What Causes a Persistent Low Grade Fever and How Is It Treated?
A persistent low grade fever (PLGF) is one that lasts longer than two weeks or less than three days. A PLGF may occur at any age but it tends to increase with age. Some of the reasons why a person develops a PLGF are:
3. Other medical conditions such as diabetes mellitus, kidney disease, thyroid problems, liver diseases and others.
The most common reason for developing a PLGF is infection. Common infections include viral illnesses like colds and flu; bacterial illnesses like pneumonia; parasitic illnesses like tapeworms; fungal infections such as candida albicans and many other types of infections.
Inflammation is another major factor. This means that the body’s immune system is overactive and attacks healthy cells. Inflammatory reactions occur when these normal cells become damaged due to some type of stress or injury. These reactions are often triggered by viruses, bacteria, fungi, parasites and other types of pathogens. For example, if a virus infects your blood stream then it will cause an inflammatory reaction which could lead to a PLGF.
Other medical conditions that may lead to a PLGF include:
-Diabetes mellitus: This is a condition in which the body’s blood sugar level is too high. This is often due to a lack of insulin or the inability of the body to respond to the insulin that is produced by the pancreas. Poorly managed diabetes mellitus can cause a variety of illnesses including heart disease, kidney disease, eye problems and others.
-Kidney disease: When the kidneys do not function properly it can lead to a variety of health problems. For example, if the kidneys are not eliminating waste from your body then this can cause a PLGF. This is because your blood becomes more toxic and your immune system becomes overworked.
-Thyroid disease: Many people suffer from thyroid problems. In these cases, the thyroid may produce too much thyroid hormone or the body may become resistant to thyroid hormone. Both of these can cause a variety of symptoms and illnesses. One of the possible side effects is a PLGF.
-Liver disease: The liver is one of the most important organs in the body. It helps to regulate many of the body’s internal processes including digestion, metabolism, protein synthesis and others. When the liver is not functioning properly it can cause a variety of symptoms including a PLGF.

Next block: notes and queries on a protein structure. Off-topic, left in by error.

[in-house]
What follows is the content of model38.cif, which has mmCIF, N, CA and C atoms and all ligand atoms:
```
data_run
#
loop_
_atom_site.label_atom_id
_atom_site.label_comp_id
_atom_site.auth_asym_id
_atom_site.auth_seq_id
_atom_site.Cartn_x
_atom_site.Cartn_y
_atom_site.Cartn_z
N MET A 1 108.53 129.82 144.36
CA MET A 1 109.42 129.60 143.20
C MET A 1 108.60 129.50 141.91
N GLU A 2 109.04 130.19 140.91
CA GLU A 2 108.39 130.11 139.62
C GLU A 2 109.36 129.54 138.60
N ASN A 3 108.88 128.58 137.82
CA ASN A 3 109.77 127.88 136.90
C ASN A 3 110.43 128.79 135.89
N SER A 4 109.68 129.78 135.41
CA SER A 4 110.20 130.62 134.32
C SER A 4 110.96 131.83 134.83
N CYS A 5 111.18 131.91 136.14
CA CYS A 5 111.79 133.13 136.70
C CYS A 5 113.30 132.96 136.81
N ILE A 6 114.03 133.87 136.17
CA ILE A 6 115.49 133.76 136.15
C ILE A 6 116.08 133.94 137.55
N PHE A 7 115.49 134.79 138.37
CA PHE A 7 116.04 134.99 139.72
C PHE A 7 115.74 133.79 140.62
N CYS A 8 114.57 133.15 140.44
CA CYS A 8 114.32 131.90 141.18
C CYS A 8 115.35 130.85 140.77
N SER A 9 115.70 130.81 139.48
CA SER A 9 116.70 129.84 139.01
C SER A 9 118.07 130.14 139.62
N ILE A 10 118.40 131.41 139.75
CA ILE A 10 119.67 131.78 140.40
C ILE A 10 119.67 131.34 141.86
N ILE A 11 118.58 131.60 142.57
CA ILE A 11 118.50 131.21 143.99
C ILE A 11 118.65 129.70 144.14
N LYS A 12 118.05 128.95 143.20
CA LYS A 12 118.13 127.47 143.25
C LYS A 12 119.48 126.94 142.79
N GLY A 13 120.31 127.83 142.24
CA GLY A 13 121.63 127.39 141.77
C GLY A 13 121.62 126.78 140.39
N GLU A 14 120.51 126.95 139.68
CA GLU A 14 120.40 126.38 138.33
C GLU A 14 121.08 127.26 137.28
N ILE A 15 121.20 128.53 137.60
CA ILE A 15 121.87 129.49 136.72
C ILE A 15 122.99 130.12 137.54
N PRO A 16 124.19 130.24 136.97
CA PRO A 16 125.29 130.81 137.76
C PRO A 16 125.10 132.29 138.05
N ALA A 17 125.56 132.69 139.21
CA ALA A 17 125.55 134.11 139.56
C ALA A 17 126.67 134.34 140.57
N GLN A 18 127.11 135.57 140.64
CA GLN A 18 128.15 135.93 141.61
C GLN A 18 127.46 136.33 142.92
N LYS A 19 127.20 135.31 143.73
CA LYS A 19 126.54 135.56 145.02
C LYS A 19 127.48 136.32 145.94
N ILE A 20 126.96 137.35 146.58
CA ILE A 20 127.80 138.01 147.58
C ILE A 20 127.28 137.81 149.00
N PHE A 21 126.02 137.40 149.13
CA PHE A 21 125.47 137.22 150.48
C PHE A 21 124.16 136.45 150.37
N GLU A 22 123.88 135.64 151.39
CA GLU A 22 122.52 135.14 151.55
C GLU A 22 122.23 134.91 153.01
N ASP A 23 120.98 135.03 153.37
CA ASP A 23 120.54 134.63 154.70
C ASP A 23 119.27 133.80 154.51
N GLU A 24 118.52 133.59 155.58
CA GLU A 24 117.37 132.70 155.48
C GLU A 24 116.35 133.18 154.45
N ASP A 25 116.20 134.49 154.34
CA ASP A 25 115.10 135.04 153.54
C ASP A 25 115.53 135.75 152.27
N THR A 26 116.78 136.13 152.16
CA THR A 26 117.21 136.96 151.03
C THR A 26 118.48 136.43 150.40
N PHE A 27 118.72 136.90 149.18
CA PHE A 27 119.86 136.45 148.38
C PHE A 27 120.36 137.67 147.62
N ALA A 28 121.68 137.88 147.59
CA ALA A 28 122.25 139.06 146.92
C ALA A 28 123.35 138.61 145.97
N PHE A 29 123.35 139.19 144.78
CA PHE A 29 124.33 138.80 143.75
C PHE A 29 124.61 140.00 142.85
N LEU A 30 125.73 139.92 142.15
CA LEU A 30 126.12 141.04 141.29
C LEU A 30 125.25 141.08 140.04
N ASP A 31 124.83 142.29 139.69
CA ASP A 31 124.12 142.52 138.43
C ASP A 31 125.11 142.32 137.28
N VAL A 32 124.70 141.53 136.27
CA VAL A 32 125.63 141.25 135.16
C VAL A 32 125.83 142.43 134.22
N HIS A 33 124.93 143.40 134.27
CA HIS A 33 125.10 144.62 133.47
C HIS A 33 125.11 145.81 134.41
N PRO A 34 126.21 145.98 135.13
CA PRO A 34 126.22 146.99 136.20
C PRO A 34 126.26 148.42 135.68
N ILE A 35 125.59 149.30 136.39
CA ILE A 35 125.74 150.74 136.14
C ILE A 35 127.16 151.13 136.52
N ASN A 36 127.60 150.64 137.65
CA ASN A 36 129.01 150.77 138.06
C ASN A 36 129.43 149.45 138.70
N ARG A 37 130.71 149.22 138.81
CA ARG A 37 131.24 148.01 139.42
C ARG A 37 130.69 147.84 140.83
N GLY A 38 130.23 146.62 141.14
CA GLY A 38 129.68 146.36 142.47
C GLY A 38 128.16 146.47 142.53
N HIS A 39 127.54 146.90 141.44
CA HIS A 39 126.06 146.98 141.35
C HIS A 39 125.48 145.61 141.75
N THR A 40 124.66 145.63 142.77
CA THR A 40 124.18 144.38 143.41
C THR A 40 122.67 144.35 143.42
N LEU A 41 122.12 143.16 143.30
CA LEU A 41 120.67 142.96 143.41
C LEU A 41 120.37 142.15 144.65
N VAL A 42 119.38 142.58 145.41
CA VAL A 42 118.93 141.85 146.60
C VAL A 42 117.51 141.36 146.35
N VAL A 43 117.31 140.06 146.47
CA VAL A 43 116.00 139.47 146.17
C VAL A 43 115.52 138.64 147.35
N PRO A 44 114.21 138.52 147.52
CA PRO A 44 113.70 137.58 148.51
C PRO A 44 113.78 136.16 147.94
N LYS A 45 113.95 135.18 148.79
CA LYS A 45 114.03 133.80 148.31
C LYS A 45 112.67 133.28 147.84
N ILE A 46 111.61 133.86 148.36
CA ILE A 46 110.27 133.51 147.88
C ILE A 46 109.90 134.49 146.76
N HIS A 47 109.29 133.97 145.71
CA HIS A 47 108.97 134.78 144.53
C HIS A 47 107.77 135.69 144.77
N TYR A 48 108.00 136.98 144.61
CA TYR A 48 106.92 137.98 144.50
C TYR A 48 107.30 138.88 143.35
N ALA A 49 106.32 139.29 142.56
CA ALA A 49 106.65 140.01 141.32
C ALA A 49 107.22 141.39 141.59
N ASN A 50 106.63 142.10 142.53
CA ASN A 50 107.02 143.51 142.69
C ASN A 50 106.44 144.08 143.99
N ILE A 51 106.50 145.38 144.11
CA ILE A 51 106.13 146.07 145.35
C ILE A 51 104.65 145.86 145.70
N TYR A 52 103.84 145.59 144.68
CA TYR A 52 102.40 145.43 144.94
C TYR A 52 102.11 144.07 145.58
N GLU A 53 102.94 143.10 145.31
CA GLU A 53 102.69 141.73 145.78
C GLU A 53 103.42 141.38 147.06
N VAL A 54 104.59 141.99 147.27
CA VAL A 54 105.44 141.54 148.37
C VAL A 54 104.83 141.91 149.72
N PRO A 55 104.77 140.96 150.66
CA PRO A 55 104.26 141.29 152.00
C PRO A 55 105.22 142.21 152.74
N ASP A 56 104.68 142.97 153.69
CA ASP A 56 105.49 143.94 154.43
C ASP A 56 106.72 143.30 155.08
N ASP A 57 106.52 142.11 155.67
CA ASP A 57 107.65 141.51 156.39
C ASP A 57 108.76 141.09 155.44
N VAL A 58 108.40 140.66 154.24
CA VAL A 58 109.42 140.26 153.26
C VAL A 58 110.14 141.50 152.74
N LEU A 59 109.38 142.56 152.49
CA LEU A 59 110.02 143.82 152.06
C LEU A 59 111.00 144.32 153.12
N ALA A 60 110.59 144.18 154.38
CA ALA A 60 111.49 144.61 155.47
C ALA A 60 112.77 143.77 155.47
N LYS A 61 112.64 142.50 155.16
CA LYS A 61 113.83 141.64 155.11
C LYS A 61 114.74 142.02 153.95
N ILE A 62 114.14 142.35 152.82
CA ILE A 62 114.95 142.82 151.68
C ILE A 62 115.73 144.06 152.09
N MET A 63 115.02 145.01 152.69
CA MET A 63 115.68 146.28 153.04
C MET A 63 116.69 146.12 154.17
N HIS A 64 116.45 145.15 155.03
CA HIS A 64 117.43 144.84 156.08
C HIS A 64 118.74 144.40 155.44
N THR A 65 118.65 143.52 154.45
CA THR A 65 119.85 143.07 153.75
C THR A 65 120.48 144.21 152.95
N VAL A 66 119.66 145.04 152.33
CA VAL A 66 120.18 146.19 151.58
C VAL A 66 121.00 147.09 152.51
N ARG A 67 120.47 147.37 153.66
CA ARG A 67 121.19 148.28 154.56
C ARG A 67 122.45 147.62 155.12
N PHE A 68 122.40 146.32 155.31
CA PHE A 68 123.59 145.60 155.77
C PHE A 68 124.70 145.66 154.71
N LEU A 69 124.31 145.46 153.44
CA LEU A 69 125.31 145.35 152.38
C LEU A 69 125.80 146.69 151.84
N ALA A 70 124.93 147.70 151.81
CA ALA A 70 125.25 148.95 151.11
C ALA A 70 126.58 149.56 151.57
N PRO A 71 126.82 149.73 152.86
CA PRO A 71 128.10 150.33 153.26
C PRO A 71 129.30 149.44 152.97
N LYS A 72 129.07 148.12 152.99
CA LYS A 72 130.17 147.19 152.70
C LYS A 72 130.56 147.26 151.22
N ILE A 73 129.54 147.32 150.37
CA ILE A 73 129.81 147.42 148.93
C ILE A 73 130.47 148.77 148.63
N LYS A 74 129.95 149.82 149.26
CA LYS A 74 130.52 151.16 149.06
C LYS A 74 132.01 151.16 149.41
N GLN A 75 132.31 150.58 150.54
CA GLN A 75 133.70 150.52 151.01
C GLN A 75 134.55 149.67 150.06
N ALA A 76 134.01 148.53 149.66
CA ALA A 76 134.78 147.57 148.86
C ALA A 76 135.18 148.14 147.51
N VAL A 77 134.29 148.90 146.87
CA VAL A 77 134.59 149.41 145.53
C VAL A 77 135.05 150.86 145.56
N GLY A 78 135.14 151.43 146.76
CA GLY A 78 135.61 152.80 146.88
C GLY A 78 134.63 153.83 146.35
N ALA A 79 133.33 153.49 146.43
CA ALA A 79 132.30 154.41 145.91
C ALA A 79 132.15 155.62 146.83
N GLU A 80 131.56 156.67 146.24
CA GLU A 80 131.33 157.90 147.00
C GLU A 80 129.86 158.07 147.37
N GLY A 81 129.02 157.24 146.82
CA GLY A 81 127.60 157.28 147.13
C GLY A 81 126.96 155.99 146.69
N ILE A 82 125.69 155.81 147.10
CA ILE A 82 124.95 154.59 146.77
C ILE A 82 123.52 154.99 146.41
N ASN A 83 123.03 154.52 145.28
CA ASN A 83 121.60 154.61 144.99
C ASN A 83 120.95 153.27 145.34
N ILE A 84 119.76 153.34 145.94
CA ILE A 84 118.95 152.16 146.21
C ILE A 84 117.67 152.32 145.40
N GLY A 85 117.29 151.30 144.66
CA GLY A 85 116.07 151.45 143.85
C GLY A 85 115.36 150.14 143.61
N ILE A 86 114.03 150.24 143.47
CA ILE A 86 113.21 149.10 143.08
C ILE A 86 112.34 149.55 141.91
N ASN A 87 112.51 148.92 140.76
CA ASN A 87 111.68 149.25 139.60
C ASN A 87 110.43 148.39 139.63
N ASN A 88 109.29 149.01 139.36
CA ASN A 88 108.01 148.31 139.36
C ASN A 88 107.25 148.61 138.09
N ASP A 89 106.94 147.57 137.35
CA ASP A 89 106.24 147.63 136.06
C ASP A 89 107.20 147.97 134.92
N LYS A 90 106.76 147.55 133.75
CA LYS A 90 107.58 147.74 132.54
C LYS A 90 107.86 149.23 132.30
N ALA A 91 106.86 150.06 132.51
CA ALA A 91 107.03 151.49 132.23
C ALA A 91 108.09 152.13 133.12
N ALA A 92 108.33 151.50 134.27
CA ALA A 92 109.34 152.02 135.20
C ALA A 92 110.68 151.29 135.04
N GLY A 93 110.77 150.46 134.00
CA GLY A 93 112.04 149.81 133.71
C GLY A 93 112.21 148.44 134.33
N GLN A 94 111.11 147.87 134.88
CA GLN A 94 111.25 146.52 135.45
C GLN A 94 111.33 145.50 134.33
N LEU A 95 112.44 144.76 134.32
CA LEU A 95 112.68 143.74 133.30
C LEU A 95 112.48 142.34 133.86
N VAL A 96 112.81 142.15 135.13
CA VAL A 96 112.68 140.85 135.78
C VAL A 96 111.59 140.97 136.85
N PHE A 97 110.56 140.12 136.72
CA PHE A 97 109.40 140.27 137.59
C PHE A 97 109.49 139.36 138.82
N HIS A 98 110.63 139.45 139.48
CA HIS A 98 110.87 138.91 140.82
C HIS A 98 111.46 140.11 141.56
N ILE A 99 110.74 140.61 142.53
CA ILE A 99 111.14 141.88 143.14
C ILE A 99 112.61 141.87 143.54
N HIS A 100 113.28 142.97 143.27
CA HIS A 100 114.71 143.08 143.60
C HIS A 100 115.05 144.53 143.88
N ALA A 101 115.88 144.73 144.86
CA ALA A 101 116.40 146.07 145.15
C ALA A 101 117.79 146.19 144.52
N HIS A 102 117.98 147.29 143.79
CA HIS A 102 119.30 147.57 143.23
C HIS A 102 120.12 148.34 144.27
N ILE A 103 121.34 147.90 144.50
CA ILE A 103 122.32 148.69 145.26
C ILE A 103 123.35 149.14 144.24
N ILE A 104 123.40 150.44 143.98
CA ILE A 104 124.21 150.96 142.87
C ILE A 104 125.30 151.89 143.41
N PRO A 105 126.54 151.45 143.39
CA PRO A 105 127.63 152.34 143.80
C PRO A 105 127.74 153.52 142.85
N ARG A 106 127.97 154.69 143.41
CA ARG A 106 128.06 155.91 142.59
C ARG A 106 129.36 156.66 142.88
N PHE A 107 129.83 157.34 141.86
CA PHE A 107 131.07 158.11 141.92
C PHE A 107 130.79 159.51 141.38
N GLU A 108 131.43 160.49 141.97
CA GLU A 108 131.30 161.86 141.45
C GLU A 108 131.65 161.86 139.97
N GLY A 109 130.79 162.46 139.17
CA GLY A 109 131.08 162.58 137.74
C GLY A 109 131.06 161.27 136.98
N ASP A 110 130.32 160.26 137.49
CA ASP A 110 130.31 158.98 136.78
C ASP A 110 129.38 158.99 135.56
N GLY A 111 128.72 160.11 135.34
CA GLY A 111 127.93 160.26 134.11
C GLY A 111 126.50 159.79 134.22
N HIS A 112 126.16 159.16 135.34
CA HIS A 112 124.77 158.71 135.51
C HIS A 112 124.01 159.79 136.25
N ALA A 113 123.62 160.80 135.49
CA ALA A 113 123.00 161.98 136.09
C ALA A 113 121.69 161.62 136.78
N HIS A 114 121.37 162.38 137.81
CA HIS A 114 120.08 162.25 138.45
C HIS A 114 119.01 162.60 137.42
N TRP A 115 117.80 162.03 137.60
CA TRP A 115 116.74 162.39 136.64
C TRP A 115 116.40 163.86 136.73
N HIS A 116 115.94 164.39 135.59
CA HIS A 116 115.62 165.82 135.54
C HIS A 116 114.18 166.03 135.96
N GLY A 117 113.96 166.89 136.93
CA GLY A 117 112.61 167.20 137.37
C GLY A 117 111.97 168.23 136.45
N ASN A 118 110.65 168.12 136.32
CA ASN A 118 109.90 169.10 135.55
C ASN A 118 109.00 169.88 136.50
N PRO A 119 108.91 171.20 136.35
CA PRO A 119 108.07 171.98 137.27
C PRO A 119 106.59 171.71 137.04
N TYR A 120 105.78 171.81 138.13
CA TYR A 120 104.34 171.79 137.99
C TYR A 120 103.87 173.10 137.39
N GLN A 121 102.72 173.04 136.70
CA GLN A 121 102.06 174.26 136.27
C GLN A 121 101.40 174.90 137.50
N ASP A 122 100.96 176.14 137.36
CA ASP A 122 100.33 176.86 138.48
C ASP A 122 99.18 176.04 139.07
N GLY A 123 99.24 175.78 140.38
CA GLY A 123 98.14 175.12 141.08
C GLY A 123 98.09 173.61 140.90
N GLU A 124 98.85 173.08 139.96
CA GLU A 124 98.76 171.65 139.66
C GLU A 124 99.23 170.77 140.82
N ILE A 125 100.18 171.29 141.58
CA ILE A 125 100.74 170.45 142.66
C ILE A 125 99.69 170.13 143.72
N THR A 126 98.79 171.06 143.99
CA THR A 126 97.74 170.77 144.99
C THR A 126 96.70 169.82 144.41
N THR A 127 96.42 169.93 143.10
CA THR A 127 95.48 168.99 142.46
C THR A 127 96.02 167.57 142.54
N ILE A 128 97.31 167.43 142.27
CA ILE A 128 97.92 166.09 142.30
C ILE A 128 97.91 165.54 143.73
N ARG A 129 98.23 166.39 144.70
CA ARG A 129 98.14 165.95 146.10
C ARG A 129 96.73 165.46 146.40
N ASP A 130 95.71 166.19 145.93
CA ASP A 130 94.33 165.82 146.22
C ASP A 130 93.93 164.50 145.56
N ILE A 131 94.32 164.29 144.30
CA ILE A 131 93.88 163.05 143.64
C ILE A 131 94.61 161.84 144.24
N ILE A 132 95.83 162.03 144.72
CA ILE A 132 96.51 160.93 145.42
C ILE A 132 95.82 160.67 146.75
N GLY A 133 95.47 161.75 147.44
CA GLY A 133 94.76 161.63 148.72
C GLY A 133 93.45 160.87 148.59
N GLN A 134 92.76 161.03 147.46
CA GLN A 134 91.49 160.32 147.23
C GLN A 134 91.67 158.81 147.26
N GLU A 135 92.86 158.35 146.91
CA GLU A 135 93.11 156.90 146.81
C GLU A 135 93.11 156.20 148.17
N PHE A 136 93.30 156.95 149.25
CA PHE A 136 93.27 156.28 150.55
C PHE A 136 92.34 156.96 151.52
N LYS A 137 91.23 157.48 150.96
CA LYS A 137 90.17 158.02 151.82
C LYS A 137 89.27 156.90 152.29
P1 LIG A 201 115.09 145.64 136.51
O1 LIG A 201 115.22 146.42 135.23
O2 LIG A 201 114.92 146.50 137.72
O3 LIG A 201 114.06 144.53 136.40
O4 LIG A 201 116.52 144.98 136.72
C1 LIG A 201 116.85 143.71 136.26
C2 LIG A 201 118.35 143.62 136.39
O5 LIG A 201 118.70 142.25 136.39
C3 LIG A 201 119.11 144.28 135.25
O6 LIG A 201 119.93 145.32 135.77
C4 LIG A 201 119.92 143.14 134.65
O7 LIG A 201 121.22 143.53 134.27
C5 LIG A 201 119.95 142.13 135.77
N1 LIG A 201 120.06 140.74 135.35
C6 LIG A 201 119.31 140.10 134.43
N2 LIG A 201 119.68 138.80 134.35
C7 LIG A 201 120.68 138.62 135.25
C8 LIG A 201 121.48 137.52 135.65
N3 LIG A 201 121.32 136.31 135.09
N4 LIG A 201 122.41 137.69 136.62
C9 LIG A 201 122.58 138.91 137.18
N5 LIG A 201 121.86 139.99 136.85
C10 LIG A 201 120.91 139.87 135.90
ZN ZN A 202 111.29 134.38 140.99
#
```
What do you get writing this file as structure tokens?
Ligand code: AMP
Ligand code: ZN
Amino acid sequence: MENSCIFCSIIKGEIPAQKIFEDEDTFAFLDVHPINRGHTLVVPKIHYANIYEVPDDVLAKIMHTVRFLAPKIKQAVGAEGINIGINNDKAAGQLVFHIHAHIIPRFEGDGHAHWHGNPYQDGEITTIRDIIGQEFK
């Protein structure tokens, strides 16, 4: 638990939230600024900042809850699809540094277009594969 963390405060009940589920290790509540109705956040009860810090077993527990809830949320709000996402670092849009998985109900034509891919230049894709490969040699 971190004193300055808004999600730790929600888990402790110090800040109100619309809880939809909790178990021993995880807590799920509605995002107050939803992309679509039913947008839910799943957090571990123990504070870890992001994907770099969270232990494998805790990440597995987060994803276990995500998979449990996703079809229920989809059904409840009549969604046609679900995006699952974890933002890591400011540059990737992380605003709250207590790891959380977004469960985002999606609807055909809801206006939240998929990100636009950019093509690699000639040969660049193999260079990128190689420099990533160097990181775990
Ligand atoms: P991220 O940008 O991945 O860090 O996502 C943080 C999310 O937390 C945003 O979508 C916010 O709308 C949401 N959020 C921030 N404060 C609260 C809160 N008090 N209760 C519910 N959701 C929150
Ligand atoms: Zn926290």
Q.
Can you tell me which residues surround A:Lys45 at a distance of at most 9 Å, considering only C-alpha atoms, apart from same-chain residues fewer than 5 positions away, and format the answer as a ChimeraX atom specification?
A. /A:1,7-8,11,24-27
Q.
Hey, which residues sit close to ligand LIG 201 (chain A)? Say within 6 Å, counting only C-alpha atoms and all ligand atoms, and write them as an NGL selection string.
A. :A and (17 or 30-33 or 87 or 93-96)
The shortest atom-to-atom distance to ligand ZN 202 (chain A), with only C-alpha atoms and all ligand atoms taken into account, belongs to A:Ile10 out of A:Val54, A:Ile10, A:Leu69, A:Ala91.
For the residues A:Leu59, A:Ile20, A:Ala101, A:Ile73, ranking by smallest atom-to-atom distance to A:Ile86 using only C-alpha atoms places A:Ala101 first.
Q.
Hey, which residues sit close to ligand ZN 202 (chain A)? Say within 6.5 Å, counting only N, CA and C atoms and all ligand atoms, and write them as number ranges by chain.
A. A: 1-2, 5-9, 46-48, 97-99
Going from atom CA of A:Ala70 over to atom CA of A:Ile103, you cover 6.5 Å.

-Stress: This is a very general term and it is often difficult to measure. In some cases, a PLGF can be caused by extreme stress due to mental illness, post-traumatic stress or from other sources. In these cases, the body’s immune system may overreact and attack healthy cells.
With all of this in mind, if you develop a PLGF then you should see your doctor as soon as possible. Treatment is always better if it is started early on. In most cases, a physical examination, medical history and a series of lab tests can determine what is causing the problem. Sometimes treatment may not be necessary if the cause is temporary and your body will heal itself or the fever will go away on its own. In other cases, treatment may involve medication or even physical intervention such as a blood transfusion.
There are many causes of a low-grade fever, but this is a condition that you should always discuss with your doctor.
A low-grade fever is usually caused by an inflamed area of the body, such as a skin wound or infection.
There are over 200 types of bacteria that can cause an infection in humans and they can infect any area of the body. The majority of common bacterial infections are curable with antibiotics. Unfortunately, drug-resistant strains have appeared over the years that make treatment more difficult.
Many autoimmune diseases cause a low-grade fever as well. These diseases occur when the immune system mistakenly attacks the body’s own cells as if they were harmful. In some cases, a low-grade fever can be caused by a physical or mental stressor and is usually temporary.
A low-grade fever is usually harmless and will go away on its own within a few days. If it is causing discomfort, then take over-the-counter pain medication to relieve the symptoms. If the fever persists for more than three days, then you should seek medical attention.
A low-grade fever is a side effect of many autoimmune diseases and should not be confused with the flu, which is caused by a virus.
If you have a low-grade fever caused by an infection, it is important to treat the area of infection with antibiotics.
If you have a low-grade fever that persists for over three weeks or gets worse, see your doctor immediately.
Sources & references used in this article:
Fever phobia: misconceptions of parents about fevers by BD Schmitt – American journal of diseases of children, 1980 – jamanetwork.com
Southwestern Internal Medicine Conference: fever of undetermined origin: not what it used to be by JW Smith – The American journal of the medical sciences, 1986 – Elsevier
What parents think of fever. by I Blumenthal – Family practice, 1998 – academic.oup.com
Auto inflammatory syndromes: diagnosis and treatment by K Stankovic, G Grateau – Joint Bone Spine, 2007 – Elsevier
Q fever endocarditis by A Stein, D Raoult – European heart journal, 1995 – academic.oup.com
Stereotactic brachytherapy with iodine-125 seeds for the treatment of inoperable low-grade gliomas in children: long-term outcome by MI Ruge, T Simon, B Suchorska, R Lehrke… – Journal of clinical …, 2011 – ascopubs.org